The Turkana and Merille ethnic groups live in the borderlands between Kenya and Ethiopia.  They have long-standing traditional rivalries over cattle, water holes, pasture, etc. that get more intense when there is a drought, as there is now.

Things are also more complicated because now their nomadic paths cross international borders so that traditional clashes create expectations of police responses from distant governments in Addis Ababa and Nairobi.

Worst of all, fighting is now done with AK-47s, not clubs, spears and knives, with an unsurprising rise in bloodshed.

Here’s an interesting overview:  Turkana-Merille fighting

Both of these groups are at the low end of practically any development measure…health services, education, food security.  In years of good rainfall, they may live  lives of  independence and personal freedom that romantics might envy.  But drought years are more common than wet years these days, and the mysterious rules and authority that accompany governments and borders require difficult adjustments that they may not be able to make.  One or both of these ethnic groups may disappear altogether before the end of this century.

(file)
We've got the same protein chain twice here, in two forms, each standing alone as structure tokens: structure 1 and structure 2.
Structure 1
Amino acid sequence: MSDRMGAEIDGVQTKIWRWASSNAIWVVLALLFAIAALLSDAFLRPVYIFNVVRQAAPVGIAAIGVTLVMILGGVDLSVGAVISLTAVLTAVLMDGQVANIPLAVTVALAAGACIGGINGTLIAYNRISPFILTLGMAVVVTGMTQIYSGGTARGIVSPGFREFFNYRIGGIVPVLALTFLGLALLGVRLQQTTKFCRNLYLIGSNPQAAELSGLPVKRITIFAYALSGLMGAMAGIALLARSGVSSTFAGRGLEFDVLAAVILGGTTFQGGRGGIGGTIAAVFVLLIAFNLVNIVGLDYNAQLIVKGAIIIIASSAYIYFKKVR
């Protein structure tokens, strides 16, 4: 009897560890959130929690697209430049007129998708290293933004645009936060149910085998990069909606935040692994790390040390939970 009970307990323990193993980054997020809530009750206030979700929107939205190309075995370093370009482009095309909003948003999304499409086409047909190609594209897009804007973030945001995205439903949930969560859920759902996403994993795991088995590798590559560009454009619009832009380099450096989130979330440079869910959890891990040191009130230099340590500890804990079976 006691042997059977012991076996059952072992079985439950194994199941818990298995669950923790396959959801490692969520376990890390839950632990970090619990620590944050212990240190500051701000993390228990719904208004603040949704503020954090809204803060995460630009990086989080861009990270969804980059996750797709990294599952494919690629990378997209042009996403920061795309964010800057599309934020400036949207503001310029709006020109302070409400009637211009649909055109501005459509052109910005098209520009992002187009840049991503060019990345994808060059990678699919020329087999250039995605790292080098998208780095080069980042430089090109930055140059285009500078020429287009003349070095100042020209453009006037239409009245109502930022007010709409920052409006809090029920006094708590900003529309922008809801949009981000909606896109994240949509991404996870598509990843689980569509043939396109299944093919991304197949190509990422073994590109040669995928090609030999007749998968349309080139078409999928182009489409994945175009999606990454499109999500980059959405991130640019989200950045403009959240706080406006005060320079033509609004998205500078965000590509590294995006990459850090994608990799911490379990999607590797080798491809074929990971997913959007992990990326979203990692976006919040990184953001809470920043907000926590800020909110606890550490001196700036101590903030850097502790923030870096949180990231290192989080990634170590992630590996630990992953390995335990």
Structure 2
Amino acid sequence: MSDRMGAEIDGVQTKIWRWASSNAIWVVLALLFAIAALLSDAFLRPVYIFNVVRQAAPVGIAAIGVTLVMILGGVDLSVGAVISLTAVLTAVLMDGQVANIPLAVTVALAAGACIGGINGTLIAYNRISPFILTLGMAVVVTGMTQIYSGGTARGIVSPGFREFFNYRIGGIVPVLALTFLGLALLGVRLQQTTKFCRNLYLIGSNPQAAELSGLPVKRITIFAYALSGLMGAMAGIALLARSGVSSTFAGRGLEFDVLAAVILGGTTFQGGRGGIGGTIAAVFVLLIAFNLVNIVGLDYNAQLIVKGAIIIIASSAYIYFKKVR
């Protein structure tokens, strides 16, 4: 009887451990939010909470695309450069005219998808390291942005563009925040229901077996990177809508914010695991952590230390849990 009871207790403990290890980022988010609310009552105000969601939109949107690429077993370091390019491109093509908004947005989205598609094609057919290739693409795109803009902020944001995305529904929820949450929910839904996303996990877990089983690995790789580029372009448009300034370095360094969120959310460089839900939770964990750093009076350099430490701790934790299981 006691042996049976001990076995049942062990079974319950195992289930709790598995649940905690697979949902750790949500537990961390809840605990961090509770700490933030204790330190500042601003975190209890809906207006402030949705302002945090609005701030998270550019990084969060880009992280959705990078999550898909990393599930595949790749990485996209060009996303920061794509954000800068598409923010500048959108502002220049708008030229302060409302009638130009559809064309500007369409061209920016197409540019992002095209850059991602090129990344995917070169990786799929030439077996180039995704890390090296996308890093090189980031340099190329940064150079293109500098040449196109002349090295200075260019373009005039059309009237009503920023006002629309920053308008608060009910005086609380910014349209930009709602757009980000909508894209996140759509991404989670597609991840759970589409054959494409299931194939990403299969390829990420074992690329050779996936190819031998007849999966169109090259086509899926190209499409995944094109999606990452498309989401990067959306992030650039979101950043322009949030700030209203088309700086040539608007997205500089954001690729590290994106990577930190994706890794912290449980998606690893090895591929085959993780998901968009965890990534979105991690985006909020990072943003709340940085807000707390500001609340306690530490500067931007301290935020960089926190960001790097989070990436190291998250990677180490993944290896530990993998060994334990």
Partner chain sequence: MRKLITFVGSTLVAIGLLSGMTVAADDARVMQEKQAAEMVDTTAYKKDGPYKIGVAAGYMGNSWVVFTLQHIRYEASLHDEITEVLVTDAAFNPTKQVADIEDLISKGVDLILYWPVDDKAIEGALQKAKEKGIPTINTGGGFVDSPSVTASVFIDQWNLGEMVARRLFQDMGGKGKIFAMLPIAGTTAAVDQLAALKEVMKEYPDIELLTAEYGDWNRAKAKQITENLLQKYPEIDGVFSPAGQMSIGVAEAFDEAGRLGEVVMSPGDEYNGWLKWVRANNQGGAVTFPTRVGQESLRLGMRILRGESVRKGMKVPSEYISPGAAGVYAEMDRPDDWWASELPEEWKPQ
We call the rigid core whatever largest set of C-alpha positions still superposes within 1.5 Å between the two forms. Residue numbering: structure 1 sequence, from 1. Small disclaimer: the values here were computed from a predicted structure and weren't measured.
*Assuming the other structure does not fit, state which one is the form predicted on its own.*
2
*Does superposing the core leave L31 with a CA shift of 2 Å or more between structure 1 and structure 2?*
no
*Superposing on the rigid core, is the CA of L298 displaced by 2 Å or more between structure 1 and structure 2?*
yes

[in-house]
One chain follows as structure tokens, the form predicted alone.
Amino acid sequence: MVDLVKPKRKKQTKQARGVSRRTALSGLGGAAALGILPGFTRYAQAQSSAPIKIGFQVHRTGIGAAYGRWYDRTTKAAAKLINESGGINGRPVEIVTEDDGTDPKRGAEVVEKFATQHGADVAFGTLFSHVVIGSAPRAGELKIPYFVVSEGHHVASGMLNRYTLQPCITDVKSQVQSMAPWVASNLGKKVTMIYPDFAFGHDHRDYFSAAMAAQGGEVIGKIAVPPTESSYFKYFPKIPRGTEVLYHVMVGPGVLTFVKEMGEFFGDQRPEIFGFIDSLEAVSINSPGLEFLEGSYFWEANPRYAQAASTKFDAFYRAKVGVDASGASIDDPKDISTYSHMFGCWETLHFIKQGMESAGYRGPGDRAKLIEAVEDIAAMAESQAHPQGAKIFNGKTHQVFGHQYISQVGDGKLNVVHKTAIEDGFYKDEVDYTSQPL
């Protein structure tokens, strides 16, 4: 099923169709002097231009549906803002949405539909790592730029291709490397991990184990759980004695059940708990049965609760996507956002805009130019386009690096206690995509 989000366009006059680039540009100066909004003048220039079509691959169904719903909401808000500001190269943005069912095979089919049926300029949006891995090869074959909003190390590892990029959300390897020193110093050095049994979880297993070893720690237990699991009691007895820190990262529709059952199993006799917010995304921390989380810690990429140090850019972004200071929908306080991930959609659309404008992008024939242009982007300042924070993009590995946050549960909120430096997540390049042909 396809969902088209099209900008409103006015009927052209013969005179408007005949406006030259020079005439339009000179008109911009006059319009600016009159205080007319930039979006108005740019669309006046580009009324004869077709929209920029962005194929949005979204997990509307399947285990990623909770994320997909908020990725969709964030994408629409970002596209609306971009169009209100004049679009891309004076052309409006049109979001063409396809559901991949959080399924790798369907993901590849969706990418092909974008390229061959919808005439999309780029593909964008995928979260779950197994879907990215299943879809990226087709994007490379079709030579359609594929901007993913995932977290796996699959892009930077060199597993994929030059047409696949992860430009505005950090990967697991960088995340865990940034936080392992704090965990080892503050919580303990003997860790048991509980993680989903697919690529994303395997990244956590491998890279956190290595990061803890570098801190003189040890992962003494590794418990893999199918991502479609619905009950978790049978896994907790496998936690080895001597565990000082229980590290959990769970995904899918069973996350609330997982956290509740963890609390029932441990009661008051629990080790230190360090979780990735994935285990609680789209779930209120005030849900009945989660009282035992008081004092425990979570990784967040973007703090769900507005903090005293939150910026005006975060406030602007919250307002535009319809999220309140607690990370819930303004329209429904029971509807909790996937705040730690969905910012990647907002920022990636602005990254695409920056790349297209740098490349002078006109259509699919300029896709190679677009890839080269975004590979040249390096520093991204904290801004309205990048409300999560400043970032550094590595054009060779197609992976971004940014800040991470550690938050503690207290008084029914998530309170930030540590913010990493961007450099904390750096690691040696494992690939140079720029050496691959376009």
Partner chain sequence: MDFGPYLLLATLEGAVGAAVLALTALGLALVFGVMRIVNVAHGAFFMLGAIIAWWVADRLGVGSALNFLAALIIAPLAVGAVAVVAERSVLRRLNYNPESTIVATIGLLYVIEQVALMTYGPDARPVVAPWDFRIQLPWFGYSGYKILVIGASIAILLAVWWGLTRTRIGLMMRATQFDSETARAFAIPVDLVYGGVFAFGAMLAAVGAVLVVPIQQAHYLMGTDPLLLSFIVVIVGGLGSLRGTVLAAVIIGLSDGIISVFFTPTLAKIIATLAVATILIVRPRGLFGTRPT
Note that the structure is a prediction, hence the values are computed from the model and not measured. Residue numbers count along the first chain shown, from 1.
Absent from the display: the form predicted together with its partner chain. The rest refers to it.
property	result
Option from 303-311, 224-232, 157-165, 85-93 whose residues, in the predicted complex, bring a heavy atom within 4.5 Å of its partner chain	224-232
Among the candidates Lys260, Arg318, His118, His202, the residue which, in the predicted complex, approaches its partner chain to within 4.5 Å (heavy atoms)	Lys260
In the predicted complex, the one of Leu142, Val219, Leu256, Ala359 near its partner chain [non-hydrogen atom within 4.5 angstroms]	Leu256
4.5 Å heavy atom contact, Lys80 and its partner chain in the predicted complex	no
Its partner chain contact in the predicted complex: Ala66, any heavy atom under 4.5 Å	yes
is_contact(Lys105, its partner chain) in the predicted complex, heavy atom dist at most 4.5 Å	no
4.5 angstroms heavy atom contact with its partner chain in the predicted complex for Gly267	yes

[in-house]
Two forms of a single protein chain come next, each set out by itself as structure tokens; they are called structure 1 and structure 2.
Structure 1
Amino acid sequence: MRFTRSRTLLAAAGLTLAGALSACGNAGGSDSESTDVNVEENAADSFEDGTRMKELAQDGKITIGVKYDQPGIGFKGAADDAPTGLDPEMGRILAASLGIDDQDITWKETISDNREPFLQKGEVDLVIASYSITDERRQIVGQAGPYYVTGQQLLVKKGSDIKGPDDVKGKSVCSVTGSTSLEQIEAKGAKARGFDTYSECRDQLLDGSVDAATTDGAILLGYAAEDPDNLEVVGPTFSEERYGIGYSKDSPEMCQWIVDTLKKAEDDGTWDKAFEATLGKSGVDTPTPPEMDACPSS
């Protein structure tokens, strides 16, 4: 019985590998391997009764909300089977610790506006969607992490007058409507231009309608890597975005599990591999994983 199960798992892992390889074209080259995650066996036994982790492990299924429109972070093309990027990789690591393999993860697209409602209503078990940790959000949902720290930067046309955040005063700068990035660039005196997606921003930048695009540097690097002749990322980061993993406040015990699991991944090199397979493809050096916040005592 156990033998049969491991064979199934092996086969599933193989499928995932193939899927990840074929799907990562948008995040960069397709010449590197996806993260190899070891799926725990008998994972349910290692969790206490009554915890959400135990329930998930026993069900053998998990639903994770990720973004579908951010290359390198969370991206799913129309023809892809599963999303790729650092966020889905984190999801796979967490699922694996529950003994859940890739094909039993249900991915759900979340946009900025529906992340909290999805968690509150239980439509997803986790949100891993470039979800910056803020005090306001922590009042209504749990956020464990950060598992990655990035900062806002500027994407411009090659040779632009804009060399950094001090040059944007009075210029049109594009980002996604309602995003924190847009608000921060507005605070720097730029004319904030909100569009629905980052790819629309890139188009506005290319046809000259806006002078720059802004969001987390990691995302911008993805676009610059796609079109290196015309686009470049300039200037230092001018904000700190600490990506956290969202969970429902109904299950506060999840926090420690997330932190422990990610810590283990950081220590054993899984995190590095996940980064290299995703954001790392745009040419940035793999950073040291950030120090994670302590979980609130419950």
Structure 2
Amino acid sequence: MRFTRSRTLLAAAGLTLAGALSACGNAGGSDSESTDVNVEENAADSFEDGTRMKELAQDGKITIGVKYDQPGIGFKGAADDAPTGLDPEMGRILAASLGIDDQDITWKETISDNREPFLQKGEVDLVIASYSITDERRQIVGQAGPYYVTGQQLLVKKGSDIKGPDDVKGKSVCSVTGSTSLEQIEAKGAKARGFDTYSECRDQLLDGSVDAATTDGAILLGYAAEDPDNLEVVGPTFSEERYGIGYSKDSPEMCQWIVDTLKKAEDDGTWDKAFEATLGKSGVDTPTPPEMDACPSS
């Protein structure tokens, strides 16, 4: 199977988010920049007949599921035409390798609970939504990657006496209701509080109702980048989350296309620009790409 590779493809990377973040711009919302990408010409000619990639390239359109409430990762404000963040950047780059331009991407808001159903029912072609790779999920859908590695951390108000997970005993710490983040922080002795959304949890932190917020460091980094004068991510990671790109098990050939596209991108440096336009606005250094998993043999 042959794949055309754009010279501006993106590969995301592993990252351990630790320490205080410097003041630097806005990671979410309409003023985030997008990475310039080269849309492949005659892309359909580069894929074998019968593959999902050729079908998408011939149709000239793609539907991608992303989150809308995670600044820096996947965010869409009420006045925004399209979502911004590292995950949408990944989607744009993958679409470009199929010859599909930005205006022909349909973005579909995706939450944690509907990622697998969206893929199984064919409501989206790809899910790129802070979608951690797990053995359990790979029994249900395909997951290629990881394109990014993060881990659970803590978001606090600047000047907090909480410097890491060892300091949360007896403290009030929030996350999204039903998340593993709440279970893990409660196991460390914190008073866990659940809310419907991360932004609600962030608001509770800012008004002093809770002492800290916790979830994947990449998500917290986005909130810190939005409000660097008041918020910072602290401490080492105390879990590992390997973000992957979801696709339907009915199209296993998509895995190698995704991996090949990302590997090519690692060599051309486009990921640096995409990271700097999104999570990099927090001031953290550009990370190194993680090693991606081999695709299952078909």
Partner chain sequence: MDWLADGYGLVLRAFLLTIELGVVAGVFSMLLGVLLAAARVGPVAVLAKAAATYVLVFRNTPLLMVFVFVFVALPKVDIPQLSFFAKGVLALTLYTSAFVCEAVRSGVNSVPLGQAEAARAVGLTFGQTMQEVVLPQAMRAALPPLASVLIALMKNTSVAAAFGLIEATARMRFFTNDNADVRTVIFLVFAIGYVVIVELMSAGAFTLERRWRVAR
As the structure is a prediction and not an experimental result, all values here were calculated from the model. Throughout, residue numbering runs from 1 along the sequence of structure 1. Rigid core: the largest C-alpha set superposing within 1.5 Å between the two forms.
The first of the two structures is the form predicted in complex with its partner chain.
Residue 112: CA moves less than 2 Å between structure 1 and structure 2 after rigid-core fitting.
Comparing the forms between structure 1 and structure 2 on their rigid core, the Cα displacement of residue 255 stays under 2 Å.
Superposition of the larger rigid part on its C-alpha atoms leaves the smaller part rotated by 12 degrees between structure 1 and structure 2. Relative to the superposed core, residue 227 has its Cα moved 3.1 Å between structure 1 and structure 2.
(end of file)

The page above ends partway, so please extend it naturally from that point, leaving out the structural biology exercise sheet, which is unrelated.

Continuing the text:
When Ethiopia’s next dam on the Omo is finished, river flow may dwindle to such an extent that Lake Turkana itself may shrink or disappear, to say nothing of survival farming along its banks.

Ethiopia did not seriously consider the dire impacts the dam is likely to cause — an accusation it rejects but doesn’t rebut with copies of reports — and also rejects any suggestion that serious adverse impacts are likely.